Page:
Federal Grant Funding: What You Should Know to Get Started

FEDERAL GRANT FUNDING: What You Should Know to Get Started

By Laurie M. Werner

Federal grants can offer significant funding for important projects and programs and often lend credibility and prestige to an organization. However, navigating the federal grant process requires planning ahead and a significant investment in time and resources to be successful.

First, do your research.

You can find grant opportunities for federal agencies through the interactive search feature on Grants.gov, the federal government’s application portal, or on the funding agencies’ individual web sites. Agencies that currently fund Berkshire area organizations include the Institute for Museum and Library Services (IMLS), National Endowment for the Arts (NEA), and National Endowment for the Humanities (NEH) for cultural organizations, and the National Park Service NPS) for historic preservation. The U.S. Department of Agriculture (USDA) gives economic development and capacity building grants in rural communities, and the Department of Education has programs for schools as well as other education providers.

Read the guidelines carefully.

Make sure that the grant is appropriate for your project and that your organization meets all the requirements. Is this the right time for your organization to apply for this grant? Do you have what you need to make the strongest case possible? Many federal grants require a match, either cash or a combination of cash and in-kind (e.g., salaries), and you may need to identify the source of the matching funds before you apply.

Get in touch with the granting agency.

Contact a program officer or administrator at the federal agency by phone or email well before the application deadline to be sure your organization qualifies and that your project will be competitive. Some agencies also offer detailed online manuals and/or webinars with information on applying and may publish data on how much total funding is available and how many grants they expect to award that year.

Think nationally.

Federal level granting agencies tend to look for projects or themes with national relevance or innovative ideas that will make a contribution to the field. Your program’s direct impact might be local but may still address a topic of national interest. Examples are environmental conservation, STEM education, sustainable energy, art by under-represented communities, and post-industrial economic development.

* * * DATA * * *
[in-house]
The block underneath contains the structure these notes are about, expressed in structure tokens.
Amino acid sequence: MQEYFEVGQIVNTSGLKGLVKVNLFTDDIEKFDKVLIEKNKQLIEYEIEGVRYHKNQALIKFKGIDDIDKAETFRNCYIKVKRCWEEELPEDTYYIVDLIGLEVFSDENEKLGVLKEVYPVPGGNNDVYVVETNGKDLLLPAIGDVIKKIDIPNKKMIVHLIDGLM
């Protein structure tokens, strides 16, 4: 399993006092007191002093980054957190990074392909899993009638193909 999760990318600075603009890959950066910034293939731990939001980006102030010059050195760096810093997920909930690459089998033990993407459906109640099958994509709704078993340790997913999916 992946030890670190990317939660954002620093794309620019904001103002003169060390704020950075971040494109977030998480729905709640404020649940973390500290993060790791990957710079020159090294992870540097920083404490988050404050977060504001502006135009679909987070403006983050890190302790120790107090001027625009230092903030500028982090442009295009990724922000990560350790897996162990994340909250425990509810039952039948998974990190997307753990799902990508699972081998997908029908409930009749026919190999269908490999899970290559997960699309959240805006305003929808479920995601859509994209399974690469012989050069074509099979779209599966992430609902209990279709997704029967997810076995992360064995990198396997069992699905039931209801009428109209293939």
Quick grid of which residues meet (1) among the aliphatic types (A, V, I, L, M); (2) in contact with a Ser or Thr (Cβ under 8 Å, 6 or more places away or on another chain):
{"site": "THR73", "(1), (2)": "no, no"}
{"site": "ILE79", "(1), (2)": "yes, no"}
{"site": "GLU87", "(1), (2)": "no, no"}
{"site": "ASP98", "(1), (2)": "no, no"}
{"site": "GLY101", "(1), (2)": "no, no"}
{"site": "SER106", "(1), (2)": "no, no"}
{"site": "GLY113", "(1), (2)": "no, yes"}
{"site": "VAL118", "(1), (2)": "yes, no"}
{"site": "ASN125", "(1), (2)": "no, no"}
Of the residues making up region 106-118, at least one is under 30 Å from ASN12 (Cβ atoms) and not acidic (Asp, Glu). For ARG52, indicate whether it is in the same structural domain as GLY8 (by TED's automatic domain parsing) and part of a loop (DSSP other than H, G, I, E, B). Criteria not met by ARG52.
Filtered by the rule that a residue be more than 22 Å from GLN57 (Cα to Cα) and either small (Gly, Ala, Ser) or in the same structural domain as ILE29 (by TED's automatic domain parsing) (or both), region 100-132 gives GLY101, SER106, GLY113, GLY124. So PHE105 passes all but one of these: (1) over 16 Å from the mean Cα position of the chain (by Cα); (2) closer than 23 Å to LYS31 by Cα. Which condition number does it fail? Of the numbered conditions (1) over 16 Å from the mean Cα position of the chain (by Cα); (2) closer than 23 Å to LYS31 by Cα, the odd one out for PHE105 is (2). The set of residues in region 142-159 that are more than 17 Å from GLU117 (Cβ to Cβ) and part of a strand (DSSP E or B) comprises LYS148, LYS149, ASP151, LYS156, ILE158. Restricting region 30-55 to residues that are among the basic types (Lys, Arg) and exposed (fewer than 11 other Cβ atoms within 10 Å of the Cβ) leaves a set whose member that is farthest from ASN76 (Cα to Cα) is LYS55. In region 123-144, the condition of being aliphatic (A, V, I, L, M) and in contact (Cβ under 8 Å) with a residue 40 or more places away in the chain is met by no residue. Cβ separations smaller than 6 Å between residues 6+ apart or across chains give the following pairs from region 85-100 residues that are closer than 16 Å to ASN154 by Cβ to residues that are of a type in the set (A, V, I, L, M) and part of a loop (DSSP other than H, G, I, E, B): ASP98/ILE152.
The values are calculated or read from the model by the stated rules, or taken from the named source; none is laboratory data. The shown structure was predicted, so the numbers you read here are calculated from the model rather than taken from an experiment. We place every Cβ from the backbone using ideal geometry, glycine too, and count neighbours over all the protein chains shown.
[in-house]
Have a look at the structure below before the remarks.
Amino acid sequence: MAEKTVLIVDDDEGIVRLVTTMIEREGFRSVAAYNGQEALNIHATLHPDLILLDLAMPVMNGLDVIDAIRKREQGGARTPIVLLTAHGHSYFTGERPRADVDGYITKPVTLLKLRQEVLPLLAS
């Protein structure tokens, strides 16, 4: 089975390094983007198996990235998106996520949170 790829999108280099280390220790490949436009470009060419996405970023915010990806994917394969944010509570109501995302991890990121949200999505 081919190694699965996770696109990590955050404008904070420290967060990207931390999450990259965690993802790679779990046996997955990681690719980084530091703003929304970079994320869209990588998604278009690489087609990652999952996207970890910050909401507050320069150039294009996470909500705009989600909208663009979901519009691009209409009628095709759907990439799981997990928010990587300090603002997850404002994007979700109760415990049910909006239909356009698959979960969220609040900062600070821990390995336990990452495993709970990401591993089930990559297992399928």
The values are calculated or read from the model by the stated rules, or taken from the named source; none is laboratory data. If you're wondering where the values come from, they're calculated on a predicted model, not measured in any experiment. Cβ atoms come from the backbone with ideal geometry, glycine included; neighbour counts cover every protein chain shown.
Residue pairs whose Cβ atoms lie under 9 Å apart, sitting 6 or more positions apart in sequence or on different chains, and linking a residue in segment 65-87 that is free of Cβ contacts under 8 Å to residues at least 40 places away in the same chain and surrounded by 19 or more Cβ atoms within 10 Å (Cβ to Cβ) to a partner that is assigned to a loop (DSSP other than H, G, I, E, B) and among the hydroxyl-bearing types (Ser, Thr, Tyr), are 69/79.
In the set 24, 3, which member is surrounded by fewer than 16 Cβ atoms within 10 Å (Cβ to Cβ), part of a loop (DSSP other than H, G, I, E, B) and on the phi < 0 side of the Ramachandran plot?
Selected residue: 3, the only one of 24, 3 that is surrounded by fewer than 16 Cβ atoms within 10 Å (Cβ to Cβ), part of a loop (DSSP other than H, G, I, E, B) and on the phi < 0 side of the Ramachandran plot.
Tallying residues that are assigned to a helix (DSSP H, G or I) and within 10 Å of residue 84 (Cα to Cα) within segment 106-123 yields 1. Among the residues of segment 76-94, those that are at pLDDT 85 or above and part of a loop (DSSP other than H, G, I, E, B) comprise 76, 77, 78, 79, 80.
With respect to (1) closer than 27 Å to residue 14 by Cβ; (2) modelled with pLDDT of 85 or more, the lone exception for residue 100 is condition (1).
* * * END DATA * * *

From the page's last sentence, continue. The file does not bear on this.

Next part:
Is this the best investment of your resources right now?

Federal grants require a significant investment of time and resources in order to do a worthwhile job. Your organization needs to balance the cost in staff time and money against the value of the potential grant award. The grant opportunity should fit with your organization’s overall funding goals and strategy. Is this the best allocation of your resources to get the funding that you need? Do you need to hire a grant writer, develop an exhibition plan, or prepare a financial analysis? For smaller projects, consider opportunities at state agencies. For example, Mass Humanities and the Massachusetts Cultural Council have programs that re-grant funds from the NEH and NEA respectively.

Federal grants often require long timelines.

You may need to plan at least a year in advance of when you need the funding.  Allow at least one month to complete the application and prepare all required supplementary materials. You may need to wait four to nine months to find out whether or not you will receive the grant award.

Register with Grants.gov and SAM.

Before applying to a federal agency, your organization needs to register and set up accounts with Grants.gov, the federal application portal, and SAM, the System for Awards Management. This process can take time and should be started at least a month before your application is due.

Prepare a strong narrative.

You are competing with organizations from all over the country and your proposal needs to be authoritative, well-researched, and compelling. Be able to state clearly why your program is important and who will benefit. Present a well-organized description of how you will carry it out (who, what, when, where). Answer all questions and address all points noted in the application form. If you are unsure about how to answer a specific question, contact a program officer or other agency representative for guidance.

Laurie M. Werner has more than 20 years’ experience in grant writing for nonprofit organizations, including applications to six different federal agencies.